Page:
As a Freshman at Harvard I was drawn to Adams House. Due to renovations, most of my blocking group lived outside of the Yard our first year, and we were thrilled to get into the center of things. We lived in Claverly, C-Entry, and A-Entry. I concentrated in History, though I also studied anthropology, psychology, and comparative religion, and spent a lot of time on theater.
Experiencing theater, media, marketing, and exchange got me interested in public diplomacy, and after getting my master’s degree at the Kennedy School I worked with the faculty there to set up the Public Diplomacy Collaborative. One of my favorite things about working with the FDR Foundation is the opportunity to bring HKS students, fellows, and faculty to the College. To work with the undergraduates, of course, but also to draw the HKS community into the overall history of Harvard. I try to use a similar combination of spaces and academic/professional atmospheres in my consulting work, as well. There’s a real value in being able to bring together experts from all over Harvard – and, importantly, beyond. I find you can build diverse multidisciplinary teams very quickly to tackle an incredible array of global issues at a high level.
GC: Looking around the world, what worries you?
Only a few hundred years ago, the notion of near 100% literacy was ludicrous. And throughout most of history women were considered sub-human and slavery was taken for granted. So I believe in progress. I also believe that our species is in a much better place today than ever before. It’s hard to imagine given the hellish lives far too many of us still experience, but levels of violence, poverty, ignorance, and ill-health are unimaginably low by the standards of history. So I’m very positive about where we are today, and I’m a strong believer in humanity’s ability to improve ourselves.
I therefore worry foremost about catastrophic, civilization-ending processes, and secondly about terminally regressive developments. Among the former I’d include climate change and the proliferation of weapons of mass destruction, especially nuclear and advanced biological weapons. Among the latter: genetic and cyborg technologies with the capacity to greatly accelerate already troubling levels of inequality; under-regulated, runaway automation that leaves behind a permanently unemployable majority; and the increasing popularity of illiberal or even medieval ideologies and the simultaneous loss of faith in the Enlightenment tradition. I also worry about genetically engineered, ethnically-targeted pandemic viruses; and furious swarms of tiny, fully-autonomous killer drones.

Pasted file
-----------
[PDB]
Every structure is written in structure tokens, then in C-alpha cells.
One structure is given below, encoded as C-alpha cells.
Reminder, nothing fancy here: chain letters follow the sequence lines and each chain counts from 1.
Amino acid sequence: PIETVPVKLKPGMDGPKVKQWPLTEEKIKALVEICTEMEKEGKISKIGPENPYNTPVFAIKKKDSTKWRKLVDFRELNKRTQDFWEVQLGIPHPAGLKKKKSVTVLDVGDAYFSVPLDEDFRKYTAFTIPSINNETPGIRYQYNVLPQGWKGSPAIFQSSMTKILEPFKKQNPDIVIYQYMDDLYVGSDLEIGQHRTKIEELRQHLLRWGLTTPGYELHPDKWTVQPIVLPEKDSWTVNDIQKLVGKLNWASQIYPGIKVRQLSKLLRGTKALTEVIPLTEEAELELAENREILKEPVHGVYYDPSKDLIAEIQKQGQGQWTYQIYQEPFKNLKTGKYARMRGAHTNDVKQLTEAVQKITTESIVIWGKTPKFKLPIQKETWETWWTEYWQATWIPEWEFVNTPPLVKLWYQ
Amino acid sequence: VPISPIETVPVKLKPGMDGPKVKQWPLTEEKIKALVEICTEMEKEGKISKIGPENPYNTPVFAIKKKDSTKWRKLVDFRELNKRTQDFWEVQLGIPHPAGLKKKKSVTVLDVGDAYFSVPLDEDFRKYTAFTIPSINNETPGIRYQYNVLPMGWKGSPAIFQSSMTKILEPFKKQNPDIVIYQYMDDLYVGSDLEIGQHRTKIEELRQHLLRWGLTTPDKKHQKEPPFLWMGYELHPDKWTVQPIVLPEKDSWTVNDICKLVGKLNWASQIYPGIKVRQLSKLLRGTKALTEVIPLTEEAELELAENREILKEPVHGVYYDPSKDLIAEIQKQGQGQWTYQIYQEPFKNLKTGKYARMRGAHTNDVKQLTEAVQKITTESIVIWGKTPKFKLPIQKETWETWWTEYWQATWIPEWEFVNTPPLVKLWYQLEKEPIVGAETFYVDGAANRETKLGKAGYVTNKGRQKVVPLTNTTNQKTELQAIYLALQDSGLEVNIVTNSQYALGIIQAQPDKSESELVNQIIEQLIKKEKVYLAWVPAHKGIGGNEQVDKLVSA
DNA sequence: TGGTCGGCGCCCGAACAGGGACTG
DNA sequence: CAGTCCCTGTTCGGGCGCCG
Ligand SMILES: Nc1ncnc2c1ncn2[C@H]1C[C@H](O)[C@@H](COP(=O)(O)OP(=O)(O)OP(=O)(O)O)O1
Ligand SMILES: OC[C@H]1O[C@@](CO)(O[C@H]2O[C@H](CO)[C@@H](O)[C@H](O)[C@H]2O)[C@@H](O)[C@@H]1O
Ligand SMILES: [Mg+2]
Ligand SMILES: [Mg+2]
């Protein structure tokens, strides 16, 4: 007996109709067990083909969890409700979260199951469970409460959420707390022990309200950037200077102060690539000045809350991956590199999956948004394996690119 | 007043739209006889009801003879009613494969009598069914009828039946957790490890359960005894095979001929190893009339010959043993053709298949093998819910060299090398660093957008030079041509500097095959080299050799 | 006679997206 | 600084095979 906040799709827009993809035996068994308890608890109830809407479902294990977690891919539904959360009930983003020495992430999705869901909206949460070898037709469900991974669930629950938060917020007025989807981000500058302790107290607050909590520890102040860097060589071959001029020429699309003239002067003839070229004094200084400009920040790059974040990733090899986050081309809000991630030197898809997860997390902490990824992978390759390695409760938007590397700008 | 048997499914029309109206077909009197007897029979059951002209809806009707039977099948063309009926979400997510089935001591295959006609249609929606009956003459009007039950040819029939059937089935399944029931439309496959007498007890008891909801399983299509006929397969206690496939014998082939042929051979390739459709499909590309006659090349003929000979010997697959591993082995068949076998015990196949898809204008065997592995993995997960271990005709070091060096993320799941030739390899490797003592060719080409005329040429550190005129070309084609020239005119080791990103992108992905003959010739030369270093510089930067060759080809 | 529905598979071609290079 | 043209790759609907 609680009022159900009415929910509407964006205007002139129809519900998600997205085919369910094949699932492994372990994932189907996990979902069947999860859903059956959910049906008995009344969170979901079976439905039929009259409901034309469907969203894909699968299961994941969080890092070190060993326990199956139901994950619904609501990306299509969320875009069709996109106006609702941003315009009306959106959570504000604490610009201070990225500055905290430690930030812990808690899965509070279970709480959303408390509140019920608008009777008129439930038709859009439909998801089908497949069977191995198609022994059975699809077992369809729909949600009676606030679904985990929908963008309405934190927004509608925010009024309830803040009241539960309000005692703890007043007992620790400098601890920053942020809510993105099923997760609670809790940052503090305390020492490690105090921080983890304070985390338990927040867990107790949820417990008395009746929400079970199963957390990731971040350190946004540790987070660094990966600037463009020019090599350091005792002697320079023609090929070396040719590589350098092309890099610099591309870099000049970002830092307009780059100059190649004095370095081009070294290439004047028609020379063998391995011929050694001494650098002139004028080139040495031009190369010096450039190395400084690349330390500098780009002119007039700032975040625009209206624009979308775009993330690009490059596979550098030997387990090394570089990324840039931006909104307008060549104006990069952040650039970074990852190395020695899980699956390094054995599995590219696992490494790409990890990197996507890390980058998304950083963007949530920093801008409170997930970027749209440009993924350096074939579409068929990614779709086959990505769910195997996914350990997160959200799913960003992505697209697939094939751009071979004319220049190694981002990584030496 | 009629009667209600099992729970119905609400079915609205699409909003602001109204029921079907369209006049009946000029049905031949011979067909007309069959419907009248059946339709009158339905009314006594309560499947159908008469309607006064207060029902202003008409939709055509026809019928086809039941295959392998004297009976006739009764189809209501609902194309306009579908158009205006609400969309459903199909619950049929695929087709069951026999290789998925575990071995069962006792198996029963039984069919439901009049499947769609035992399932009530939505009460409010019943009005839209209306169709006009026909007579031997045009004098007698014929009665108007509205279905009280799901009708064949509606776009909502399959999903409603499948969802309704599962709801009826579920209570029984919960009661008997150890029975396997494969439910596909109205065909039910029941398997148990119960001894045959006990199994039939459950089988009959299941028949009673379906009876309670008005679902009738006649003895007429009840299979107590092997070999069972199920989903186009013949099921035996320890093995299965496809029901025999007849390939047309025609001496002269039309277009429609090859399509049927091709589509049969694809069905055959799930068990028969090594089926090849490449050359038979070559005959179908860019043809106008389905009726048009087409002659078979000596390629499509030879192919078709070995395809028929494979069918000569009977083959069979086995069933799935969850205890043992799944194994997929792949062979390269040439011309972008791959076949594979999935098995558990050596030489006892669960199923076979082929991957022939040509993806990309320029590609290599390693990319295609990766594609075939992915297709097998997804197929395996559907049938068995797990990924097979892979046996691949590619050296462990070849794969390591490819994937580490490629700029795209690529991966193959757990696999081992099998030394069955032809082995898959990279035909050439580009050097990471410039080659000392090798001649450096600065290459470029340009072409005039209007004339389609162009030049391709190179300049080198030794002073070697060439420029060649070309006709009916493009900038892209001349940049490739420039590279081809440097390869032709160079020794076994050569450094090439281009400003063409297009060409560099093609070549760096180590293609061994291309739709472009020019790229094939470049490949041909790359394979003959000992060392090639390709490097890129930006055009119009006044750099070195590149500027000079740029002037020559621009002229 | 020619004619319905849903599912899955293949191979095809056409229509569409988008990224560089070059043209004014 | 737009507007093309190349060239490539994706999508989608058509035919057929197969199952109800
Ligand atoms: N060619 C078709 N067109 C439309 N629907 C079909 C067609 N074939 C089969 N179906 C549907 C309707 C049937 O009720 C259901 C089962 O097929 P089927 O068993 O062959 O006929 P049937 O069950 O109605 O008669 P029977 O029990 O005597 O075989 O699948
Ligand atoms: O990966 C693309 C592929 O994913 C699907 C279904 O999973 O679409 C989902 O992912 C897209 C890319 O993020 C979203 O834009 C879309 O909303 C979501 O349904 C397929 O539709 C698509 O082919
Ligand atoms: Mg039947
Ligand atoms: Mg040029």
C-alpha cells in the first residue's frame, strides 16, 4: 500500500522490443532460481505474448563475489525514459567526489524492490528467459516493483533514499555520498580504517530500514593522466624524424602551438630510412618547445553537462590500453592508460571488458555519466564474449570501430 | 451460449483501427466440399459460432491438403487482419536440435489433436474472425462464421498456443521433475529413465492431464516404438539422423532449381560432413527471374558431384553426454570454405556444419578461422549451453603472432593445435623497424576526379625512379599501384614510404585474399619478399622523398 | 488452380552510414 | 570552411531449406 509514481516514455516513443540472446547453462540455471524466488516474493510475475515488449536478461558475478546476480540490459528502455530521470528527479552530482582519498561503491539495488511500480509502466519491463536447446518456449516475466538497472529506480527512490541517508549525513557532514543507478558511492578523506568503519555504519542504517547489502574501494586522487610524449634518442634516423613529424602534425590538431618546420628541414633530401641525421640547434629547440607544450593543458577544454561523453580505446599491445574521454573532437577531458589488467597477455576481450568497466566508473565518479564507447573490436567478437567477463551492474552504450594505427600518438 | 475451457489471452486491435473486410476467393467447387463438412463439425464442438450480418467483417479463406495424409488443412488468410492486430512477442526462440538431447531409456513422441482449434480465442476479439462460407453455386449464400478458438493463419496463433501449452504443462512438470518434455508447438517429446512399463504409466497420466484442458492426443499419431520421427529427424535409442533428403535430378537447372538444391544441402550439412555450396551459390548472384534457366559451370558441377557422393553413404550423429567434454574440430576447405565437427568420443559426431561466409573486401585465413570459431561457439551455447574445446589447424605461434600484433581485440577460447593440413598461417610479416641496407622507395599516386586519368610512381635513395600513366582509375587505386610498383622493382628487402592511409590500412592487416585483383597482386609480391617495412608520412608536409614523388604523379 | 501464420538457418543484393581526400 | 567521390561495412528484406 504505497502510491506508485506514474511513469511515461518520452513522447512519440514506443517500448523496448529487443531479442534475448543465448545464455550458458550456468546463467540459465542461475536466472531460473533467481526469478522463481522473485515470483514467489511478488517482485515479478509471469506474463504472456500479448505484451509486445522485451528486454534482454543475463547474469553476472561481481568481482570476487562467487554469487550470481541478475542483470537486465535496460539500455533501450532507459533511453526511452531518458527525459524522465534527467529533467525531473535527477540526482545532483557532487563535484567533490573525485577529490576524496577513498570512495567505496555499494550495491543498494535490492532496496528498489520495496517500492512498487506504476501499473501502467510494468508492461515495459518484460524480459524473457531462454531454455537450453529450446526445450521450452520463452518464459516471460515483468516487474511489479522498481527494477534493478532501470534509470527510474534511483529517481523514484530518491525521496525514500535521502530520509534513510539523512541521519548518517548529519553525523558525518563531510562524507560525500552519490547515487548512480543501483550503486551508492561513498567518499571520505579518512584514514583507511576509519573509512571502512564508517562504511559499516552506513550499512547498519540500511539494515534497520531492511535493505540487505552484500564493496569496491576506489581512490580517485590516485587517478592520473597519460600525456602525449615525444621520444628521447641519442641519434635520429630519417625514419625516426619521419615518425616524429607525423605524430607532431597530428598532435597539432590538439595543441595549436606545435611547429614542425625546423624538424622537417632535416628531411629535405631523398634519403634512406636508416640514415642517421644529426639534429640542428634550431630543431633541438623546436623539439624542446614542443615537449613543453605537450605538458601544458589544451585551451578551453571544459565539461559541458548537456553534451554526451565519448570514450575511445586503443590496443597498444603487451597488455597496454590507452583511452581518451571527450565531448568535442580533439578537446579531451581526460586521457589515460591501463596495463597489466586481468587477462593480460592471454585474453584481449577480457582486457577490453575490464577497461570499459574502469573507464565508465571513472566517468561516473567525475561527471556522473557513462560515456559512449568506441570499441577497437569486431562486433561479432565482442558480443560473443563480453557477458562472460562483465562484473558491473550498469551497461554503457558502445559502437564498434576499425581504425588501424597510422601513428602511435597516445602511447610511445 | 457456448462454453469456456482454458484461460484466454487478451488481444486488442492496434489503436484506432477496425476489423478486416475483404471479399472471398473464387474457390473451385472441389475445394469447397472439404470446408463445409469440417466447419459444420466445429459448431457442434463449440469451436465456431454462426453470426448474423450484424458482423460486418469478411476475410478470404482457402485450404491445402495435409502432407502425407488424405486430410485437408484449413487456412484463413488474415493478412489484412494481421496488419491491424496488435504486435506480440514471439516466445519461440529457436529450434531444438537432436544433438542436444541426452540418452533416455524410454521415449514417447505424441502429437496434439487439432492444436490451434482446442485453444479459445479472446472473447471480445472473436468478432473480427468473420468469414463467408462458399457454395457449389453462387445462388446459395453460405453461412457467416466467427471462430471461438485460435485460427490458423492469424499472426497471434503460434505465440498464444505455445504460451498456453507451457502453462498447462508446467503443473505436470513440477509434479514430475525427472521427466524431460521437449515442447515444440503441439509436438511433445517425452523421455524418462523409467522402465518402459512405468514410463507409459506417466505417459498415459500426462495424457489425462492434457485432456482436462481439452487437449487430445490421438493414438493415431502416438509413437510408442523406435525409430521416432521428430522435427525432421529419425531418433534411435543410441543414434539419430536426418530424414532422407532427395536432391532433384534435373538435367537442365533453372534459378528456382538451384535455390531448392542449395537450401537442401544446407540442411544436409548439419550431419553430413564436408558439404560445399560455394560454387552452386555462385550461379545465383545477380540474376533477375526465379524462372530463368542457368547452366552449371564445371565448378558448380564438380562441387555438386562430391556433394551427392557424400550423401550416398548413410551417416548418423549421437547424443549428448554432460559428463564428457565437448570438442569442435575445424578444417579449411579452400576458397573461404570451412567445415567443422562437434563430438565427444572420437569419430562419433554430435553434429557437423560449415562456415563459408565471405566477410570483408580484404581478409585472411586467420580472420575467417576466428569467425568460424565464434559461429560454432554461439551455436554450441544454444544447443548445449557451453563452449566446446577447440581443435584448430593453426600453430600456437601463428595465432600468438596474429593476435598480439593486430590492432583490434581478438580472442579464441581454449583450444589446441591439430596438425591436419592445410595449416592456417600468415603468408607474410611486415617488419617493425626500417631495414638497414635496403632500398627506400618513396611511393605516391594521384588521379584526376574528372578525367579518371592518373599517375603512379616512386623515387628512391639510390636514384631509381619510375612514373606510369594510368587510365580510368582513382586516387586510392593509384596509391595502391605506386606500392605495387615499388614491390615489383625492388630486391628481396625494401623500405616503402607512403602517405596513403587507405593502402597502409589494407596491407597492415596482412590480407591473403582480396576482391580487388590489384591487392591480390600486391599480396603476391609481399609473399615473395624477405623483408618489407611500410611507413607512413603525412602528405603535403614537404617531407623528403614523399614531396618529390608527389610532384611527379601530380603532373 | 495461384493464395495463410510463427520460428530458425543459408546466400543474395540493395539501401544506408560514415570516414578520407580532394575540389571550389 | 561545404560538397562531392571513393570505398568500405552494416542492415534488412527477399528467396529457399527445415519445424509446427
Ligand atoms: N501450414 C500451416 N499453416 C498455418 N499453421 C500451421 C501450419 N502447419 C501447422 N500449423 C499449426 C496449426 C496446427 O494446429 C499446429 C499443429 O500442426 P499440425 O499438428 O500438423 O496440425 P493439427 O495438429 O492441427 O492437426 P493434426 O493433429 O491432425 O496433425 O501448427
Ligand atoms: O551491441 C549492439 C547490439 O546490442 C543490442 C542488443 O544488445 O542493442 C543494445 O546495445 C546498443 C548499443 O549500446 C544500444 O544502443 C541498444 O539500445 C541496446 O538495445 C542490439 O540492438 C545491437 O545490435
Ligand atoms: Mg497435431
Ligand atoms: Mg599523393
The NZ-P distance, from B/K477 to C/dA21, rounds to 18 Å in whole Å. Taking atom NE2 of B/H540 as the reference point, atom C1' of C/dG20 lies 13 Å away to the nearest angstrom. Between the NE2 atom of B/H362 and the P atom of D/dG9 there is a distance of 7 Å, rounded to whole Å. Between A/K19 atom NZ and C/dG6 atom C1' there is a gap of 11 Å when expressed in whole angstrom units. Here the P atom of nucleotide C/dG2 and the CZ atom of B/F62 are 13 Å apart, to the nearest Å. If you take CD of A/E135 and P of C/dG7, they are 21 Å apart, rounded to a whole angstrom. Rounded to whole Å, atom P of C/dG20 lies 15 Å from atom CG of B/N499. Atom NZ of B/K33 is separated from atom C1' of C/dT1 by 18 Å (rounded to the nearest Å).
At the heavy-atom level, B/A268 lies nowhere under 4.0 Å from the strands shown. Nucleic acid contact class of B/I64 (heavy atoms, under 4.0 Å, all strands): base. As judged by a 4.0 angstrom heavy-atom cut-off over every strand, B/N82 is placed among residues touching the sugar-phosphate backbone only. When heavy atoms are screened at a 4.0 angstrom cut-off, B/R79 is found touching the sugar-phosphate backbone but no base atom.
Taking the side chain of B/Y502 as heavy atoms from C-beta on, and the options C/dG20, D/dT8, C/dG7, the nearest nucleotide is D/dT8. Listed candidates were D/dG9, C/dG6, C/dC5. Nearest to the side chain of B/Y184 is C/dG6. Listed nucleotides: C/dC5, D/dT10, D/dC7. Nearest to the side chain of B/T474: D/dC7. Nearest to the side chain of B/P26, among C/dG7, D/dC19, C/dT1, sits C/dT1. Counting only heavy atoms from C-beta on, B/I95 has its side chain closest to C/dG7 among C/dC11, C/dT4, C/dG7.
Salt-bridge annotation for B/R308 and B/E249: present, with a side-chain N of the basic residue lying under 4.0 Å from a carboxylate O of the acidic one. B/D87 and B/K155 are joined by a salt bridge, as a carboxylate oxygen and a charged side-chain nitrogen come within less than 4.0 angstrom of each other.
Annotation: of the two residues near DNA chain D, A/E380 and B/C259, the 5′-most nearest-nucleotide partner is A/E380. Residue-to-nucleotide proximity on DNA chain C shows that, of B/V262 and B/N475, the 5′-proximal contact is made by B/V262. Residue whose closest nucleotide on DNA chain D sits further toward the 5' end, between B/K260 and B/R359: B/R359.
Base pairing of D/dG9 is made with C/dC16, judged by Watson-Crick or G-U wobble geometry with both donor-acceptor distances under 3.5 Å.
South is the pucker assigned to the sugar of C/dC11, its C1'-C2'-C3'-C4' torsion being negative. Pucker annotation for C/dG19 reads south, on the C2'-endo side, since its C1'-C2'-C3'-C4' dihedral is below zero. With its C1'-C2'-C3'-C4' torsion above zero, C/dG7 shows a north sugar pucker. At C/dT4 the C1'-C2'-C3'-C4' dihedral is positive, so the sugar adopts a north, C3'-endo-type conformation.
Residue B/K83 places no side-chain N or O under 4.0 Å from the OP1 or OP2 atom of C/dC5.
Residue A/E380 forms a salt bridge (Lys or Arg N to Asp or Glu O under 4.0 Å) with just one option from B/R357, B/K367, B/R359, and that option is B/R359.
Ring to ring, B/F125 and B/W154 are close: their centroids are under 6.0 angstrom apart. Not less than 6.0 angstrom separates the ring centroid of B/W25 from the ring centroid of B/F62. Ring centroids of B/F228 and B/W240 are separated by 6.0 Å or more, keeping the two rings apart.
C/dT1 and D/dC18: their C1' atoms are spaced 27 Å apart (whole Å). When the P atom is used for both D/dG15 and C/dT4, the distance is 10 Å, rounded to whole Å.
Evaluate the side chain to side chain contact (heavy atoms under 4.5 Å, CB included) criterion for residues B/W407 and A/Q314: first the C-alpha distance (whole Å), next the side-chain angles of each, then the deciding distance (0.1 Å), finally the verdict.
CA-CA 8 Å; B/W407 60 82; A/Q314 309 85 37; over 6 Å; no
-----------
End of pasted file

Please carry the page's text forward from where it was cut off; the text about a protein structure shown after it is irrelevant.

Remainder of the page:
And I worry that myopic, short-term, irrational, in-group-fixated thinking won’t help us to deal with these challenges. I worry that so long as even our most intellectual conversations are based on international boundaries and the past 100 years alone, we will be unprepared for the rapid, global paradigm shifts ahead of us.
GC: What kind of realistic change do you hope the FDR Center will stimulate?
Between the World Wars, FDR and other leaders were confronted by popular and rapidly spreading ideologies that very well could have become globally dominant. Fascism and communism are compelling, and we do ourselves a disservice to imagine that liberal democratic systems are inevitable. So long as we bring new generations of humans into the world, we will have an ongoing contest of ideologies. To pick a few current examples: Violent, extreme apocalyptic religious movements; Anti-Western, anti-post-modern church-plus-state rhetoric; Anti-democratic, anti-individual statism. While it’s true that if we stand by singing “kumbaya” and believing in relativism we may continue to see countries abandon or fail to achieve democracy, I believe that by becoming more self-aware and using education, political science, and strategic communication to promote our values, we can restore faith in post-Enlightenment, liberal democratic traditions. We’ve already begun working with the US and allied governments on this issue, and I think in our own small way we can make a real difference.